The singing tree written and illustrated by Kate Seredy (George G Harrap & Co, first published 1940)
11 chapters; 216 pages with full page and chapter heading black-and-white illustrations
Subjects: World War One, Hungary, Jews, Christmas, junior fiction (Year 5-8)
I had to request this book from the library's Central Stack section (in other words: “old books not borrowed much any more”). I read it as a child, and the title has stuck in my head, but I didn’t recall exactly what it was about, apart from a vague idea that it was set in Eastern Europe.
In fact it is set in a small rural village on the Hungarian plains, where 12-year-old Kate lives with her 13-year-old cousin Jancsi on his father’s farm. The opening chapter shows Kate and Jancsi entering the village store, kept by Uncle Moses, so Kate can buy some red satin ribbons for her hat. The children are puzzled and intrigued by Uncle Mo’s method of book-keeping, which relies on his good memory and knowledge of the local people, and involves complicated deals and shrewd bargaining. It’s interesting to think about how this would have read on the book’s first publication in 1940, when the Jews in Europe were already under threat.
The villagers’ way of life is embedded in tradition, hinted at by the costumes in the illustrations. The main street, lined with “freshly whitewashed houses and blooming geraniums in the blue and green windowboxes”, echoes to the cheerful and peaceful sound of “the laughter of playing children, mixed with the cackling of hens, the honk-honk of waddling geese, the yips and barks of dogs”. Wedding celebrations involve the whole village, and run according to a carefully scripted programme, from the calling of the guests at first light to the ceremonies of the Seeking and the Lead Me Home at the end of the night of feasting and dancing; there are herds of horses on the plains and sheep and lambs – “hundreds and thousands of them… like a big white cloud rolling over the meadows.”
But there are rumours, mutterings and threats like tiny puffs of cloud in a blue sky, and once the storm of WW1 breaks, this calm and peace is threatened forever.
The first real warning sign washes over Kate’s sleepy head as she dozes on the way home from the wedding in the horse-drawn wagon. At a brief stop in front of Uncle Moses’ house, his son Aaron says something that makes her father exclaim in alarm: “Francis Ferdinand had been shot this afternoon – somewhere in Bosnia”. The adults begin to speak strange and sinister words, “words with a vaguely ugly meaning. ‘Assassination… rights of minorities… ultimatum to Serbia... mobilization.’” Soon not only Hungary but all Europe is at war. (This is at pg 99, so almost halfway through the story.)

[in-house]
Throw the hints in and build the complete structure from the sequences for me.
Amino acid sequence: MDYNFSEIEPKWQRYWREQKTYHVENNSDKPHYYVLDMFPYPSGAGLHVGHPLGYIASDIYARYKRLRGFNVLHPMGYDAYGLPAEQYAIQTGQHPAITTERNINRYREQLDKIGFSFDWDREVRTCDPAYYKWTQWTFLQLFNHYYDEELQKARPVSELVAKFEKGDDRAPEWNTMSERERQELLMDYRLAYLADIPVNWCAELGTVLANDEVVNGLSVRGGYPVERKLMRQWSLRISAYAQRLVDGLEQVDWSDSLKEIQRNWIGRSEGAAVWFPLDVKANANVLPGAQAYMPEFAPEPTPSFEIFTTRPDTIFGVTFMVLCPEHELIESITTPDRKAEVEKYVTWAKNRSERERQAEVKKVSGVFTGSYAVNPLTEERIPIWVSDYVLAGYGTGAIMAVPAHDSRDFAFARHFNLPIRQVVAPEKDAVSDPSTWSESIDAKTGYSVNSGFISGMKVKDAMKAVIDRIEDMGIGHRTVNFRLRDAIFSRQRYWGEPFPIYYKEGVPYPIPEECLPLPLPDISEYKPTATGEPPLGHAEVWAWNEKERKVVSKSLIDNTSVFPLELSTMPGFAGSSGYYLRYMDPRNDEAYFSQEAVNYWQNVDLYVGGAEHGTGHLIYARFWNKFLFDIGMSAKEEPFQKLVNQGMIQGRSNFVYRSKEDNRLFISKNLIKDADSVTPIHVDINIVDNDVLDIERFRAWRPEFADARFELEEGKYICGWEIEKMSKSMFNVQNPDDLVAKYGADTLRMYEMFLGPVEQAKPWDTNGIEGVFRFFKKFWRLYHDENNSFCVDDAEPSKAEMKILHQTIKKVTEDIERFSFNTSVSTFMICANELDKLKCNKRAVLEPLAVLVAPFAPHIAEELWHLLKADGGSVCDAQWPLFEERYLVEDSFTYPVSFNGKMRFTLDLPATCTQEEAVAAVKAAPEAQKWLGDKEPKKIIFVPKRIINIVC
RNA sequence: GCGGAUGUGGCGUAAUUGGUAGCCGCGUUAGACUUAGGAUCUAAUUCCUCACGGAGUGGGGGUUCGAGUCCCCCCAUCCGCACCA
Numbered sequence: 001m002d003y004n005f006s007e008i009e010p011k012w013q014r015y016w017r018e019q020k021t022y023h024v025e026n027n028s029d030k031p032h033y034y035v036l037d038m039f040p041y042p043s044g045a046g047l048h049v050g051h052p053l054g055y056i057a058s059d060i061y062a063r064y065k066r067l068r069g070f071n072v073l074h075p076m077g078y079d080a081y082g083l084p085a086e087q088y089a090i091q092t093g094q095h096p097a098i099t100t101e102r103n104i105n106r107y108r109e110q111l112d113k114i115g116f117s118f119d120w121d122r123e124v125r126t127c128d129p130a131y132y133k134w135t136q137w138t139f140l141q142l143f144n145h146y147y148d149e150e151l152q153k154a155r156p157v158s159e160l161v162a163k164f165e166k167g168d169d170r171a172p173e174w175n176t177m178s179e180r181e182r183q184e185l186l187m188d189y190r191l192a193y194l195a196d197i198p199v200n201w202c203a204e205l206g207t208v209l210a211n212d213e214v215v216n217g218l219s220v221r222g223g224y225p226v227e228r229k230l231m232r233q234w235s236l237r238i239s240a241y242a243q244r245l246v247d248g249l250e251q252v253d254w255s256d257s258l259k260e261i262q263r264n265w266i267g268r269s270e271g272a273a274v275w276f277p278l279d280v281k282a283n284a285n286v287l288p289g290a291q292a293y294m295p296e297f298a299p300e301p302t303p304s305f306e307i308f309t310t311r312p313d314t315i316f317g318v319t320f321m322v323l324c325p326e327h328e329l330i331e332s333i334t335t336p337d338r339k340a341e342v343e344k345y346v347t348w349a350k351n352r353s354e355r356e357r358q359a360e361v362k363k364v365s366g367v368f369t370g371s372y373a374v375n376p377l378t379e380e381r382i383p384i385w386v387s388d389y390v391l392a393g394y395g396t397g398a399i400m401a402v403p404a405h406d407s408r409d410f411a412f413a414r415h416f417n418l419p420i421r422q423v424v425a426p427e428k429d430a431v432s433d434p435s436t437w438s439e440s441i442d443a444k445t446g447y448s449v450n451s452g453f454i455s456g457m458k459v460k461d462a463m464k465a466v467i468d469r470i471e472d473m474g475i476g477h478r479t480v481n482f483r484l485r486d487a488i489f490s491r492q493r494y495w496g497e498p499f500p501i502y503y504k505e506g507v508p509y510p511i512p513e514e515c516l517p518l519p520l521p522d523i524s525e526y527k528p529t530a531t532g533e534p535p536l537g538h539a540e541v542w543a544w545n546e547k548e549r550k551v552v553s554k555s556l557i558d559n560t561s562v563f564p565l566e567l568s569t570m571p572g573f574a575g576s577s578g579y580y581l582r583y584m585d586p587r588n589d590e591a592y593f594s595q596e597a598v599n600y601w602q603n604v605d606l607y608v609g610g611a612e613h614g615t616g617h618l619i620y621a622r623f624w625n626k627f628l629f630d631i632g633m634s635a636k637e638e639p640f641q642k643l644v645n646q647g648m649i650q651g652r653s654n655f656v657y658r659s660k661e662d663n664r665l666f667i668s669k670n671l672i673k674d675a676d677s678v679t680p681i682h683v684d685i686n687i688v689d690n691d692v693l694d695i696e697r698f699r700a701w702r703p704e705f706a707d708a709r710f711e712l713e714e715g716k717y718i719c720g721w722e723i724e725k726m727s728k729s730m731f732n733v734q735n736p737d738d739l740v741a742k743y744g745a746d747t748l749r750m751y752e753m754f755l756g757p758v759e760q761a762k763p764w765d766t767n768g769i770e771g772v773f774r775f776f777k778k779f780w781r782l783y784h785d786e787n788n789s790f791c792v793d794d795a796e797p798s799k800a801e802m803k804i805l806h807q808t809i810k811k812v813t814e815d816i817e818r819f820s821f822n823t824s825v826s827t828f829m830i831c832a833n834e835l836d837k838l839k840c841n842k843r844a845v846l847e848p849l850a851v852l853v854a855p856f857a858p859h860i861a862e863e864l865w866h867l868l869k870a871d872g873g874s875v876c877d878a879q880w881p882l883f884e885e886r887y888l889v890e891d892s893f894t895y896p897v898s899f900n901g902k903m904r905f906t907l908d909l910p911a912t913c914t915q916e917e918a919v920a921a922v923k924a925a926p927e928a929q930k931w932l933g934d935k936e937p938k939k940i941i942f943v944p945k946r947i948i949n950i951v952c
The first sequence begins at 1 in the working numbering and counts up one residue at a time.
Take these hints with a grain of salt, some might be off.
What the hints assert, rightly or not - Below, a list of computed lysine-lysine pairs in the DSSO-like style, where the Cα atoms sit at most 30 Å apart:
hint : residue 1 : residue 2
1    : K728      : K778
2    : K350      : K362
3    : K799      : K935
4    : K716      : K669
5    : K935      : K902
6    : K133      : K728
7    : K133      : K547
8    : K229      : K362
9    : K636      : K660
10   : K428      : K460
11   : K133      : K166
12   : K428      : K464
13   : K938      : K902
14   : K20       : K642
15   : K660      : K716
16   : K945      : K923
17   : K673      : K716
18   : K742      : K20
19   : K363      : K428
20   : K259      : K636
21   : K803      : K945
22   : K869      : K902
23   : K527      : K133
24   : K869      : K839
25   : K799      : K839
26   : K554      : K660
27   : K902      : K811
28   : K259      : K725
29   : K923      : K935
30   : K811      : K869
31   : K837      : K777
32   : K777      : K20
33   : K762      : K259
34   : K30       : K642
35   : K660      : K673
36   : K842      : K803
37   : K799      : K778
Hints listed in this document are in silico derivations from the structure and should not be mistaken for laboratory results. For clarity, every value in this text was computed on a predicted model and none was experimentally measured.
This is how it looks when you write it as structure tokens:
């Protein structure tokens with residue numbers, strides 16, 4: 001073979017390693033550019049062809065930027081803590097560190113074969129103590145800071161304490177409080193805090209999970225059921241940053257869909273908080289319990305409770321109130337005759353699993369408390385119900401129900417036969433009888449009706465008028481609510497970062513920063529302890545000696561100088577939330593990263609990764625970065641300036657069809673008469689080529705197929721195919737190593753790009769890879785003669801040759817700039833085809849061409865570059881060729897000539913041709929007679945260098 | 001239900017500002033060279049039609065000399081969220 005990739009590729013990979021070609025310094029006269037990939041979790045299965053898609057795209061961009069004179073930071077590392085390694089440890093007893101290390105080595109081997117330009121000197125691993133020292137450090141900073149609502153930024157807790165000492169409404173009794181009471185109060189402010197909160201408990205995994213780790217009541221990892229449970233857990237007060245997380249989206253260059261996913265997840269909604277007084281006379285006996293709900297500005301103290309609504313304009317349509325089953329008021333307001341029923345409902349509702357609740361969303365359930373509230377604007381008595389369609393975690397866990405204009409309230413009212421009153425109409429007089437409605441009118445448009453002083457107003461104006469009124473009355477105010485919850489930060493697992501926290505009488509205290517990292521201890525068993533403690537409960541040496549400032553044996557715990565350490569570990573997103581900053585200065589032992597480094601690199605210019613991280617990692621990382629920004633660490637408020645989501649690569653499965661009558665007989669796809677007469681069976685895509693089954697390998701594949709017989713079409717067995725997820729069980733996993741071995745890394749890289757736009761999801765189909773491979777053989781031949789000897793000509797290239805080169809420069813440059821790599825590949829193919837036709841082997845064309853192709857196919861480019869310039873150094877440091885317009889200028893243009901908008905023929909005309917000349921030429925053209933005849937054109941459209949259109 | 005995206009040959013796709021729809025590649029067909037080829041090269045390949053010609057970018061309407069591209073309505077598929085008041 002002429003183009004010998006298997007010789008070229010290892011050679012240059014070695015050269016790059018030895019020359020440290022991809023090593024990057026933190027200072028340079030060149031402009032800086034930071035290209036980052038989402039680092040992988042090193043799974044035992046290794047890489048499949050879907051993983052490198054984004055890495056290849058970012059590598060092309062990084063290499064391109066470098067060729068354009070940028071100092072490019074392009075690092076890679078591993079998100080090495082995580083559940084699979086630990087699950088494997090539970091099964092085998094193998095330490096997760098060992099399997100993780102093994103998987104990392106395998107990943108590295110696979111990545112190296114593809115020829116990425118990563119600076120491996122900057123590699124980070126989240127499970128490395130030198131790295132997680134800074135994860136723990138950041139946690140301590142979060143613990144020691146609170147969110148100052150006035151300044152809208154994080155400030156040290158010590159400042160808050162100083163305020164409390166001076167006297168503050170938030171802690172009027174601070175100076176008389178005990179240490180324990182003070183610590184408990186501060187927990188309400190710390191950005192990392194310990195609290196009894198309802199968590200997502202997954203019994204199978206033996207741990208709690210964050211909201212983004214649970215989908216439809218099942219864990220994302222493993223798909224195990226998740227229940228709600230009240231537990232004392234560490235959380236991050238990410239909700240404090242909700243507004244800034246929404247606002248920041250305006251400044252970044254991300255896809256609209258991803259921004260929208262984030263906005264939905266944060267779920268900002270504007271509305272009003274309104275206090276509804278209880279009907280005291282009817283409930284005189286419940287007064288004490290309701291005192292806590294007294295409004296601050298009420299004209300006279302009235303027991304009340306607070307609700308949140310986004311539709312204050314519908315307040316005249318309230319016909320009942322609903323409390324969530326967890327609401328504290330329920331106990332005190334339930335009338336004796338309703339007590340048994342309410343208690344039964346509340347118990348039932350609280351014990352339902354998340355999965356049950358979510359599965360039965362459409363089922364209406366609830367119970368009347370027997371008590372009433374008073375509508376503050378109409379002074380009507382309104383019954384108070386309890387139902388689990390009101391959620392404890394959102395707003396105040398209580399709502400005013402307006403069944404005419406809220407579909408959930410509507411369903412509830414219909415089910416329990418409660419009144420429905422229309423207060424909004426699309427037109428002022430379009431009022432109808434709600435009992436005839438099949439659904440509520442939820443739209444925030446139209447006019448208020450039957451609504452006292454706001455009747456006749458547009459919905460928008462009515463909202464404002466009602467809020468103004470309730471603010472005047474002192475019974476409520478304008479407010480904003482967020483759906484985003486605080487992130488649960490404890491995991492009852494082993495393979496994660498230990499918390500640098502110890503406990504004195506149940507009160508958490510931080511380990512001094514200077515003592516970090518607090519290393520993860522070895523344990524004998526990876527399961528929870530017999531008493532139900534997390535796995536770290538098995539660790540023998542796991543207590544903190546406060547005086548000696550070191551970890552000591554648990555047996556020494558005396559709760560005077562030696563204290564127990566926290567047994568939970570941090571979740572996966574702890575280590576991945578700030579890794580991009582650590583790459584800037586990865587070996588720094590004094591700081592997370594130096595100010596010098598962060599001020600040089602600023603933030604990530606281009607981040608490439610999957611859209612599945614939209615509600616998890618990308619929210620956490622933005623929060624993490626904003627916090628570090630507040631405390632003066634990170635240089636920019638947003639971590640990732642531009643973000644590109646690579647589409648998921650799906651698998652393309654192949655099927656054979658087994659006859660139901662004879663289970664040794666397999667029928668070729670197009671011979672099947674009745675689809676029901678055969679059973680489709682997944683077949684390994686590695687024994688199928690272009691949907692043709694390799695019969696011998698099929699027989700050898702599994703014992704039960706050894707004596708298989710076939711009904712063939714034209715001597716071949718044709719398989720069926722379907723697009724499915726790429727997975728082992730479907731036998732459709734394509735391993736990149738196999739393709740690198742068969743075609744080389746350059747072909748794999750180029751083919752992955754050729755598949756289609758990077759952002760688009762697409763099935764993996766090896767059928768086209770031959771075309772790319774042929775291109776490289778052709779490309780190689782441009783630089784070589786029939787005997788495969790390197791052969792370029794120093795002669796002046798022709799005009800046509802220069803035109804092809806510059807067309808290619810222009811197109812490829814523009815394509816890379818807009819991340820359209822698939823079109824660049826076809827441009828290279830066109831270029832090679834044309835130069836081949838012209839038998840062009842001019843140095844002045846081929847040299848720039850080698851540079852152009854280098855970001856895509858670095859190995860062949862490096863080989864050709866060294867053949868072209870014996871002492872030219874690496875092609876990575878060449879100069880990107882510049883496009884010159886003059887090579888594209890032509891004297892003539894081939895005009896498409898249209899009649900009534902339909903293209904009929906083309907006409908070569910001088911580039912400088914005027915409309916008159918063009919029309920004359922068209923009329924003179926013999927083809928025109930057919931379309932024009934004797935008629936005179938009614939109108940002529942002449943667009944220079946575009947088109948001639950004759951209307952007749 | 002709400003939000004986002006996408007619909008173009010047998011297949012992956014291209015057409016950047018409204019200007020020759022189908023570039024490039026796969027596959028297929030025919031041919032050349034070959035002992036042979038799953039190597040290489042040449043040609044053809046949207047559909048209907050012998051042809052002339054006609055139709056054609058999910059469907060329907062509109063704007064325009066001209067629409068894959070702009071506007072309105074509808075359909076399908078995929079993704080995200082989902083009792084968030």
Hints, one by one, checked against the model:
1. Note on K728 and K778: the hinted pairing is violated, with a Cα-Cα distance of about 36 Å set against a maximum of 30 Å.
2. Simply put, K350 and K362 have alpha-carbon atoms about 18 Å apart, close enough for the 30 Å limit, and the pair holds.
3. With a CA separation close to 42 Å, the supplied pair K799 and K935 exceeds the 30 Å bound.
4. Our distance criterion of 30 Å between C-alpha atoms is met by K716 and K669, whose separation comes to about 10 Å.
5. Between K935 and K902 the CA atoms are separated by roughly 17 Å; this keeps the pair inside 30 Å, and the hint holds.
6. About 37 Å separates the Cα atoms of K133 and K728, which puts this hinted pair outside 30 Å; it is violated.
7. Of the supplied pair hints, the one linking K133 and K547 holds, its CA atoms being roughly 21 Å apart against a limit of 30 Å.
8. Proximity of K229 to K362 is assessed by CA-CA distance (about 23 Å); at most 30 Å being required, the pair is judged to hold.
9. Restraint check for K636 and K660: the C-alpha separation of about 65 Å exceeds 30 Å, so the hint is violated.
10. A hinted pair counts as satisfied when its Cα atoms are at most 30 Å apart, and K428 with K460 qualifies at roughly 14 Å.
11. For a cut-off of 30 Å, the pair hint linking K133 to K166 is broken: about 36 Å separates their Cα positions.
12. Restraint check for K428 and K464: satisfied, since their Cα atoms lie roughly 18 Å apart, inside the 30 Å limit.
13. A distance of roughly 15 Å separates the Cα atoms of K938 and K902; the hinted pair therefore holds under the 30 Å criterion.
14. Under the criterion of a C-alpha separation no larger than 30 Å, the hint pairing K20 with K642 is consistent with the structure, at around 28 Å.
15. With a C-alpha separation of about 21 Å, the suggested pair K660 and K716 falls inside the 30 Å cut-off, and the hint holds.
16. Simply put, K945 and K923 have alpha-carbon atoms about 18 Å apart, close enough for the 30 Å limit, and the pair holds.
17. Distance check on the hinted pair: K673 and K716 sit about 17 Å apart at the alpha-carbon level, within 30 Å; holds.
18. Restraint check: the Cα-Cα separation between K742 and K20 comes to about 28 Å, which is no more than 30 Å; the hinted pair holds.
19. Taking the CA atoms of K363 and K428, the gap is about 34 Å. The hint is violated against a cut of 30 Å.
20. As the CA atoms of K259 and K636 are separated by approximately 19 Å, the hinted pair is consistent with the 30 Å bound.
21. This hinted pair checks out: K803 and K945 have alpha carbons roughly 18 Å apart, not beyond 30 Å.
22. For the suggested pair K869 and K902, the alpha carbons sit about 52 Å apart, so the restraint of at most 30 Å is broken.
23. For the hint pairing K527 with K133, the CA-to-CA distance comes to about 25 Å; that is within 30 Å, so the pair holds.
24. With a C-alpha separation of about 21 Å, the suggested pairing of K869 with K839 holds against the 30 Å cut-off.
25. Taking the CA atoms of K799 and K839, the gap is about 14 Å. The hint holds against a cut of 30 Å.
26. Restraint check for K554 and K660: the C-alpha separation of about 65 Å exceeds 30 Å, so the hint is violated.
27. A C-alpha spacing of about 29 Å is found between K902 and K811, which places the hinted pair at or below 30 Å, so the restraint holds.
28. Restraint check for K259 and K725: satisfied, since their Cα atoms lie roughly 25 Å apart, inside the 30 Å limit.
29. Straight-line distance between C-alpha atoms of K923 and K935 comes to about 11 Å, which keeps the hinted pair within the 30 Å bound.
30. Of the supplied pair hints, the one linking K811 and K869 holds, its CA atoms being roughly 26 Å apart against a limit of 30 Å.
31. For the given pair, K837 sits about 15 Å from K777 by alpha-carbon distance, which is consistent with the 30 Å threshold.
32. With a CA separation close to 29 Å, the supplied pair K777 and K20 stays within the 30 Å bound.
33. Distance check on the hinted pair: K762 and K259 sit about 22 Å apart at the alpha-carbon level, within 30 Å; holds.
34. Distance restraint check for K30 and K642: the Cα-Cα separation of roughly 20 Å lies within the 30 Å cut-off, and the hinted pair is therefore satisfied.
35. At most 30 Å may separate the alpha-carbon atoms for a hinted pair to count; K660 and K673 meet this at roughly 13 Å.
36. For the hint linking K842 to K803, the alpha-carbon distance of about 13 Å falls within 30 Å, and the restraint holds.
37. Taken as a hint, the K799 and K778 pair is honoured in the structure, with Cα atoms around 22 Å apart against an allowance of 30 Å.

This book also led me to an interesting review website: kidlithistory ("Everything I need to know about history, I learned through children's literature".)
Where is Hungary? Look it up on a map (and look for a map of Hungary in 1914 as well).
About the author:
I couldn't find much biographical info about Kate Seredy, but according to LibraryThing, she was born in Budapest in 1896 and served as a nurse in WW1. She emigrated to the USA in 1922, learned English, ran a children's bookstore and worked as a commercial illustrator and painter. Although she wrote several (award-winning) books, she always thought of herself as an illustrator, not a writer. She died in 1975.
Other books you might like:
The endless steppe by Esther Hauzig
A winter's day in 1939 by Melinda Szymanik is set in Poland and Russia.
I am David by Anne Holm also begins in an unnamed concentration camp that seems to be in eastern Europe.
Things I didn’t know
Anything about life in Hungary before WW1. (We talk about the Austro-Hungarian Empire during WW1, but I’d never thought much about the Hungarian side of it.)
|The singing tree is a sequel to Kate Seredy's earlier book, The good master|
Have you read it?
Have you read this book? Let me know what you think!